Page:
How I apply Lean Startup to Event Management

After my six months internship at, a German startup, I started organizing monthly Lean Startup Meetups here in Karlsruhe, Germany. Returning to my studies (Economics and Business Engineering at the Karlsruhe Institute of Technology), I really missed the responsibility and independency working at a startup – I will share some thoughts about being intern at an early stage startup in one of my next posts. I used the meetups to “keep in touch” with the topic, but although I prepared some talks, read articles, tweeted stuff, it was really hard diving deeply into the product management world without working on something “real”.

A few days ago I decided it doesn’t matter. The point is that you just have to do something. Not just talking about entrepreneurship and probably never finding the idea. It’s all about gathering experience. So I chose the Lean Startup Meetup Karlsruhe as my product to improve. And that’s the great thing about the Lean Startup methodology: It’s not only about software startups, you can use so many parts of it for anything. In the following I will describe my approach to improve the Karlsruhe Lean Startup Meetups.

Status quo

Next monday there will be the sixth Lean Startup Meetup here. Usually there is one more specific talk about a topic in the Lean Startup sphere and a talk by a founder who is trying to apply some Customer Development / Lean Startup principles to his startup. I always tried to move the spotlight to interesting discussions, not only talks. I still don’t know if this is the right format, but most of the participants seemed content after the evenings. For a metrics-driven guy like me one of the first things to think about are numbers: Get some metrics to see if your event is improving – or not.


It is quite a challenge to find a way to get some quantitative data about an offline event. I am excitedly waiting for Alistair Croll and Ben Yoskovitz’ book “Lean Analytics” to be released and I already read the sneak peek (you can find it here). In a blog post they are talking about The One Metric That Matters, that it is critical to find a specific metric to see if your product is satisfying the needs of your customers. Here are my thoughts about this: In the beginning I have been a bit disappointed that the number of visitors per event would not increase. But it is just a vanity metric. I want great discussions during the meetups and the larger the event is, the harder it gets to achieve this goal. Obviously, my One Metric That Matters here is Retention. I want the participants to be so excited and fascinated about the event that they want nothing more than attend the next one. Of course, startup calendars are full, but I haven’t been content with the retention rate so far. It seems like there are always a lot of new people, but the total amount of participants stays the same. Why is that? My hypothesis is that the meetups in their current form are a “nice-to-have” for a lot of them: It is quite a good event to leave the desk for a few hours, but you will not miss that much when you are not attending.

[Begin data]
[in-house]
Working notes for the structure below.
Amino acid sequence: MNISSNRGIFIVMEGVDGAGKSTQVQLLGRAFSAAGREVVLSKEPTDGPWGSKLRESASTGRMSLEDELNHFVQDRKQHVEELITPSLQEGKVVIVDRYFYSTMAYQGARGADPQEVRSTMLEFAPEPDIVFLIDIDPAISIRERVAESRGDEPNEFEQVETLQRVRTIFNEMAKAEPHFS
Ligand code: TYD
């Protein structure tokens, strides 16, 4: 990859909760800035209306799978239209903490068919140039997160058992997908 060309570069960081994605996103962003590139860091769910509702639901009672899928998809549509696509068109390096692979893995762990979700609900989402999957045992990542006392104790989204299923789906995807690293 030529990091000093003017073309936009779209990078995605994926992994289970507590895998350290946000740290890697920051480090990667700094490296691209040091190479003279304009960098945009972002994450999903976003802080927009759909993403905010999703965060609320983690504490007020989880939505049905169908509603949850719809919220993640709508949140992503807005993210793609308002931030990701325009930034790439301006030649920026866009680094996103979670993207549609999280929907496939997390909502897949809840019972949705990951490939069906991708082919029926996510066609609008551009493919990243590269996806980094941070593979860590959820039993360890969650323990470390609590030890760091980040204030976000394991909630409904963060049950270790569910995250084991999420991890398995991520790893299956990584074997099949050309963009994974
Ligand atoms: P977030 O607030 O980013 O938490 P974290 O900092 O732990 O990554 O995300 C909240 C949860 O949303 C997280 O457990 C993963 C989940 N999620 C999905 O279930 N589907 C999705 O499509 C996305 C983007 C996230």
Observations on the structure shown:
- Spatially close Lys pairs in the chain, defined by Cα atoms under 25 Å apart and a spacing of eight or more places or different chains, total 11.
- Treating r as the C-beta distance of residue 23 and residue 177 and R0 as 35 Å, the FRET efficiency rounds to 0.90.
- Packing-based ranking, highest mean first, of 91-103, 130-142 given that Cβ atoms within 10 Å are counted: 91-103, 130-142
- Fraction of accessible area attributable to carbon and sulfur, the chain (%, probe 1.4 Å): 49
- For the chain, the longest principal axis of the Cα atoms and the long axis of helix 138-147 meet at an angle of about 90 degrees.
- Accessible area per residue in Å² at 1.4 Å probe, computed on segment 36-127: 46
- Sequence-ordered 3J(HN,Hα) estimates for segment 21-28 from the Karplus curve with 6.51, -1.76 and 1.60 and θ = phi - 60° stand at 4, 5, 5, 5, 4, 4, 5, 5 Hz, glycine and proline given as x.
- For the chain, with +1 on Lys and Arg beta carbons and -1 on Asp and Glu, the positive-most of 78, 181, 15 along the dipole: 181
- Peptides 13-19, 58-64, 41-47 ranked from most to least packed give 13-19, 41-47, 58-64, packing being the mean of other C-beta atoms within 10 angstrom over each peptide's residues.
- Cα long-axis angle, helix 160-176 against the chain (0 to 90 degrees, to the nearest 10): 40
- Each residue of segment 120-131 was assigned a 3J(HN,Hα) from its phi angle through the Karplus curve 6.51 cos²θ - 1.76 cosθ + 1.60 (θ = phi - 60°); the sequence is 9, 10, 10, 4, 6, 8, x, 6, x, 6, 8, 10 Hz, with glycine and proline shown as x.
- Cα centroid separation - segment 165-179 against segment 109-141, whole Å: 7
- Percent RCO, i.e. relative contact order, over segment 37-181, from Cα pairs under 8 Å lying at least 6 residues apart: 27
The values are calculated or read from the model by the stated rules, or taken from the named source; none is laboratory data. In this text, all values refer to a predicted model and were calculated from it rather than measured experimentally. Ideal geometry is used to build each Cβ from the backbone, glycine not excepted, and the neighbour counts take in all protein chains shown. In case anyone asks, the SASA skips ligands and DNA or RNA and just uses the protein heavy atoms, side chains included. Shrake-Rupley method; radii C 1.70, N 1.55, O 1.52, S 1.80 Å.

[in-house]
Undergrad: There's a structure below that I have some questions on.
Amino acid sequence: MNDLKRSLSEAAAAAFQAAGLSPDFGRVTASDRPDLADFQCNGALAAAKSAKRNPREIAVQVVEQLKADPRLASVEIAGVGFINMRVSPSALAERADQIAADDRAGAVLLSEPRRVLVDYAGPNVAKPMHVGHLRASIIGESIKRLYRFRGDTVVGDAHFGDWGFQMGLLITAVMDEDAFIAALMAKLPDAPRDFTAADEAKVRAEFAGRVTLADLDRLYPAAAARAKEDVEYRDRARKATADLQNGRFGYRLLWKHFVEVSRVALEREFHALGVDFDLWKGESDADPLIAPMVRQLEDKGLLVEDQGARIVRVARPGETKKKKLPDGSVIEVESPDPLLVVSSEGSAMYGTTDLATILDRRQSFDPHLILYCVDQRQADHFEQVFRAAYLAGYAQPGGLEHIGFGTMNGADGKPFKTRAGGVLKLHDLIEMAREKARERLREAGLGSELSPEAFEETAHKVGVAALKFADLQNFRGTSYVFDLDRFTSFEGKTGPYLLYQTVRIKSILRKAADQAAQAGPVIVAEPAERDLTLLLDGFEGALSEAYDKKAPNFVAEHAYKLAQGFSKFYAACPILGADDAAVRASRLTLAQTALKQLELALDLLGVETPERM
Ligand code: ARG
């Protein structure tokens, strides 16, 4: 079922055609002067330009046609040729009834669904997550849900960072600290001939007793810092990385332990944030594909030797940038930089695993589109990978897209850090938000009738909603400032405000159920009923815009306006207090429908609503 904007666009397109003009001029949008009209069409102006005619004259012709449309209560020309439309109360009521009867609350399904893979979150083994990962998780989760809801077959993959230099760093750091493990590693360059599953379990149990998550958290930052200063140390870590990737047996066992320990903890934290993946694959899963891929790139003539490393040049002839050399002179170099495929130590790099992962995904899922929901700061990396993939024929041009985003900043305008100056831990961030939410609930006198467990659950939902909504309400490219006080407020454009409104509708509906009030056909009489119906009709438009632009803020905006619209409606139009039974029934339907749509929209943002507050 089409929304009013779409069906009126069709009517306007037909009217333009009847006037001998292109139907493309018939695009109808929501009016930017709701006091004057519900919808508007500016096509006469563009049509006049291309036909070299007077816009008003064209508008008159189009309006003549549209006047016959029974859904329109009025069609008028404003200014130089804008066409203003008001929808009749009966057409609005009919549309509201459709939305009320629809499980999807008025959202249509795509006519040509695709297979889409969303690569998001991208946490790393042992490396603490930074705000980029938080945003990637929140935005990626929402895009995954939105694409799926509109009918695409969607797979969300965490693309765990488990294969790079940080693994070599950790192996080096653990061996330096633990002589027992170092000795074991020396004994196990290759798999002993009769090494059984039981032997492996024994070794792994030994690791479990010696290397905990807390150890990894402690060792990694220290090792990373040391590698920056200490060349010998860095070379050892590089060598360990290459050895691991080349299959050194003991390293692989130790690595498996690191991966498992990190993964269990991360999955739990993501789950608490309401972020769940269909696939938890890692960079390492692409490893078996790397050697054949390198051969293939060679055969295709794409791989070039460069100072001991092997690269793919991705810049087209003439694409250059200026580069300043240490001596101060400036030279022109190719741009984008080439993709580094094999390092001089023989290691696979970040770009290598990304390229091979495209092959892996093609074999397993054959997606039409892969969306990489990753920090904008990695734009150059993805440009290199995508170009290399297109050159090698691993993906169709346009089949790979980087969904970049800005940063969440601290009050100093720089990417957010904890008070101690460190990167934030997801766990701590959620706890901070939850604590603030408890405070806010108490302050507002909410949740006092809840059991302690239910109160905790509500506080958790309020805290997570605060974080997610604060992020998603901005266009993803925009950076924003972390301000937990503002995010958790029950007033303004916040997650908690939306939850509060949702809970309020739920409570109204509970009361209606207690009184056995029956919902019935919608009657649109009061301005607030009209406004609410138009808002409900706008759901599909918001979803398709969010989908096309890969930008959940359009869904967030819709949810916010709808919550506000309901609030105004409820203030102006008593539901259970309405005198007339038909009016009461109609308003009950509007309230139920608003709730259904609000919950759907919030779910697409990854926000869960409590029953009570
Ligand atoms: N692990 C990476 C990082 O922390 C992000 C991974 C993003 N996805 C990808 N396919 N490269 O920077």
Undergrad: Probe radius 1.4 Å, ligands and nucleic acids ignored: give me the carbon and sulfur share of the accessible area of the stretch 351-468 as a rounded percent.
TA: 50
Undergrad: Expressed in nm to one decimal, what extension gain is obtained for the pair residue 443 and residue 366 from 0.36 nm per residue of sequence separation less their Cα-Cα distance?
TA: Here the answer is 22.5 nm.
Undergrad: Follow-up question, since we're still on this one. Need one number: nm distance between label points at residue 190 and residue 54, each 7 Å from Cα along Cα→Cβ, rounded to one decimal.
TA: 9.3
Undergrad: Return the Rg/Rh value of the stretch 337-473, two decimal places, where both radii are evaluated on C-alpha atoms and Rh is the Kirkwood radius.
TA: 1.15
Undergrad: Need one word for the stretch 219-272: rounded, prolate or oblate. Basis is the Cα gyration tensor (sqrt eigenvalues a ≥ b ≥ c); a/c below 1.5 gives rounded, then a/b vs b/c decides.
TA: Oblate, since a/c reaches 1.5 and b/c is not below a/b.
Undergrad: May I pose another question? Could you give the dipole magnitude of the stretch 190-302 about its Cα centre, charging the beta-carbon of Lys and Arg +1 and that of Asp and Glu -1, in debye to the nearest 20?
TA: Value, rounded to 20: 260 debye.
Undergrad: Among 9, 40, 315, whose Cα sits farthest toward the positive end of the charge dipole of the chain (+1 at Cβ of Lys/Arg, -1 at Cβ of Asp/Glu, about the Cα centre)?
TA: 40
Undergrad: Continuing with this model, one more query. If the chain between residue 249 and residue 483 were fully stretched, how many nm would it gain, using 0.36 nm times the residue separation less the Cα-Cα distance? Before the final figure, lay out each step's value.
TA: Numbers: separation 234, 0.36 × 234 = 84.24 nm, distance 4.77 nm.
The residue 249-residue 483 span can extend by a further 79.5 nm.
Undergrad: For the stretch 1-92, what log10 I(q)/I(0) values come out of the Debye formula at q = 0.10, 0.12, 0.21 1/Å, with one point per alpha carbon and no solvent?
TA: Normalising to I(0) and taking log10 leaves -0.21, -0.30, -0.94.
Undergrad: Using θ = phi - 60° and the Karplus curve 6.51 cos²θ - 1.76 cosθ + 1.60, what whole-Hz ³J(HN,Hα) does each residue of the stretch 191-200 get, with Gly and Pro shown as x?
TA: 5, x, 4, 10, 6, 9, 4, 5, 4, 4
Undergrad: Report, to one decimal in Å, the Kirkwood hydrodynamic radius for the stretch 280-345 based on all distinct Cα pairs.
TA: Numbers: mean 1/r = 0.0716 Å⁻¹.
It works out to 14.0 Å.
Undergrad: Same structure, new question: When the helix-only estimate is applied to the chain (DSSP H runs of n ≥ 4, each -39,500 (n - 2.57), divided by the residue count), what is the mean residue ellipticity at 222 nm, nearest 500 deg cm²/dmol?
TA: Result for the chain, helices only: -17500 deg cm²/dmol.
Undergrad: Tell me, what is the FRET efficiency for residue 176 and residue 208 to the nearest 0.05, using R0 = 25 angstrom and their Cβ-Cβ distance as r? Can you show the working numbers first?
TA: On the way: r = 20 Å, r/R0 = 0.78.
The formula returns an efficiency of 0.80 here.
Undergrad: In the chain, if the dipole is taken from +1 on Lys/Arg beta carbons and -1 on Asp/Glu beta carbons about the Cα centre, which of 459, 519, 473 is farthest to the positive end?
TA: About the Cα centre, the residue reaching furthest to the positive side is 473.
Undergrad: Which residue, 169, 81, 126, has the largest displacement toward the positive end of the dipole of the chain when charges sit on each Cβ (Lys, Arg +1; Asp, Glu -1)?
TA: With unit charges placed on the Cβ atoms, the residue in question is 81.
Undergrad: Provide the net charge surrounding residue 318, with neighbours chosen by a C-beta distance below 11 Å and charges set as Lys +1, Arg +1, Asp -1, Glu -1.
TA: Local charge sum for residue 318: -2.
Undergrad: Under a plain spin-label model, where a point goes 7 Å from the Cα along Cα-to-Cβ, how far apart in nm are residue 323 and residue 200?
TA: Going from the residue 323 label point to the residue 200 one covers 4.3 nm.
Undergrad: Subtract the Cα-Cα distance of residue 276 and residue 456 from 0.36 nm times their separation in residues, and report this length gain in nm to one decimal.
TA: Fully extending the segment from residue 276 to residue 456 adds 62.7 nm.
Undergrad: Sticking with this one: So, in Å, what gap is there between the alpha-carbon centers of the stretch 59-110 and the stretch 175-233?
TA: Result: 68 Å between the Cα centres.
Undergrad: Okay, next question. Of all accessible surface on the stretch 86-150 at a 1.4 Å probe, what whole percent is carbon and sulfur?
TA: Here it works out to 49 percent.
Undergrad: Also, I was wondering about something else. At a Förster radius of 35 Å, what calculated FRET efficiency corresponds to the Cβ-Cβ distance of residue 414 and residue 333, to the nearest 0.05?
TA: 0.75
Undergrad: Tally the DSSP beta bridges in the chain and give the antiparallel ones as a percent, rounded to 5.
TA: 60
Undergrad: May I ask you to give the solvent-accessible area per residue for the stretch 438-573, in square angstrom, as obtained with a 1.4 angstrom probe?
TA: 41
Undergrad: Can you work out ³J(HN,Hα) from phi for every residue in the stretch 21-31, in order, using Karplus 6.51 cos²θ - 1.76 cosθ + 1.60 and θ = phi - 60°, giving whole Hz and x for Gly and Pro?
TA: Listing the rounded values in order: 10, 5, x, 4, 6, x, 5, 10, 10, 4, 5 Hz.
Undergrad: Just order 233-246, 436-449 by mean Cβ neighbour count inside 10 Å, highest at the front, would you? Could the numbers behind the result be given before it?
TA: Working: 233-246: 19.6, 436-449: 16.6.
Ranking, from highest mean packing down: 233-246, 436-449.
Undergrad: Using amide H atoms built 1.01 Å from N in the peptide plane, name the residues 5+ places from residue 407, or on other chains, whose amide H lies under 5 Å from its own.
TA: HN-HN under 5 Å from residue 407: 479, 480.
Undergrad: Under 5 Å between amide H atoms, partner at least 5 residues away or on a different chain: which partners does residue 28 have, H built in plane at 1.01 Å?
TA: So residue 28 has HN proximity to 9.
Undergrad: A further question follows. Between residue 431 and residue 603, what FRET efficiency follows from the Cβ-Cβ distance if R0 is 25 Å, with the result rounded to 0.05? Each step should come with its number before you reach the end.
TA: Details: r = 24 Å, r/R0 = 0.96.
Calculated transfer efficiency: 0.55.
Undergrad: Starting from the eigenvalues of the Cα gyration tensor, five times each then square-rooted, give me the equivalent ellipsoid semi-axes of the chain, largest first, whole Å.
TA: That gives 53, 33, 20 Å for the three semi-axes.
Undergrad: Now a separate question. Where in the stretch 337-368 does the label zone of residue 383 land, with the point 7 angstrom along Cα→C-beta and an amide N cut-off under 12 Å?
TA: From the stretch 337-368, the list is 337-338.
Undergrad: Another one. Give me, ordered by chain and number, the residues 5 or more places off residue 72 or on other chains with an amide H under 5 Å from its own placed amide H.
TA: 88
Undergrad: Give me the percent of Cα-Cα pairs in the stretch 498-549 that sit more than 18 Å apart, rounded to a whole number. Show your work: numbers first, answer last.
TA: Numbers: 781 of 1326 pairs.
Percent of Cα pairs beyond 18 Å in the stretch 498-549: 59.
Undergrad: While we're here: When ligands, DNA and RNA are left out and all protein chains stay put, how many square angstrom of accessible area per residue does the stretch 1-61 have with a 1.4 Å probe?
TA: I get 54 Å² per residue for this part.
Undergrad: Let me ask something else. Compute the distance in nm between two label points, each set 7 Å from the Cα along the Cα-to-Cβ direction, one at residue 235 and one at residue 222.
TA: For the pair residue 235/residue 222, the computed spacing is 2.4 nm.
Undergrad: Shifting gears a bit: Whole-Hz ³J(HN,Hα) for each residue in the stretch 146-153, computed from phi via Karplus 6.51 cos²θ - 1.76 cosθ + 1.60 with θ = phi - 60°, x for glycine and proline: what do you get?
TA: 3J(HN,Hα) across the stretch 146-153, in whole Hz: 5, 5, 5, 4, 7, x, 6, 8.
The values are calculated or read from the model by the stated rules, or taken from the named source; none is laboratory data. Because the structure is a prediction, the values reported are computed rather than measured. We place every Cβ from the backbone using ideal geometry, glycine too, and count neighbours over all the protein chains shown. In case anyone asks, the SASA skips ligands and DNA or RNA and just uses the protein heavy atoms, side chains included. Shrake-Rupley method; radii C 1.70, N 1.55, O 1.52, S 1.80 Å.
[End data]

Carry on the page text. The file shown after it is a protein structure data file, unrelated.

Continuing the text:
No, I want more! I want the Meetups to be a “must-have” to at least 50 percent of the participants. But how do I get the data for examination? With attendance sheets I will try to get a feel for the retention from event to event. I feel kind of nerdy, but I think I will hack together some Cohort Analysis with Excel to see if the meetups are improving. I will also try to collect a Net Promoter Score after each event, like Tristan does ist with his workshops. Just knowing my One Metric That Matters is is not enough, though. How do I improve retention? I found out that I never spent a thought about what the main reason for the participants to attend to the meetups is. I think it is time for some Customer Development here.

Customer Development Interviews

Talking about retention (again), there have indeed been a few people attending almost every event. So why? I will try to schedule meetings first with them (as early adopters) to find out what their main reason to attend was. I stated three hypotheses yesterday which I want them to rank: Networking, learning about the methodology and sharing experiences and knowledge. At I was strictly following Ash Maurya‘s scripts he describes in his book “Running Lean” (which is by the way in my opinion the best Lean Startup read!), and it worked. Here’s my interview template I want to fill out after every interview (in German):

Customer Development Interview Template

After interviewing the early adopters I will try to meet with the ones who attended from time to time or just once. But I will surely share some thoughts about this later.

What are your thoughts? Any suggestions how I could improve the way I go? I would love to get some comments, mails or twitter messages. This is my first (real) blog post and I enjoyed writing. Let’s see where this is going. Glad to hear from you!

Regards from Germany,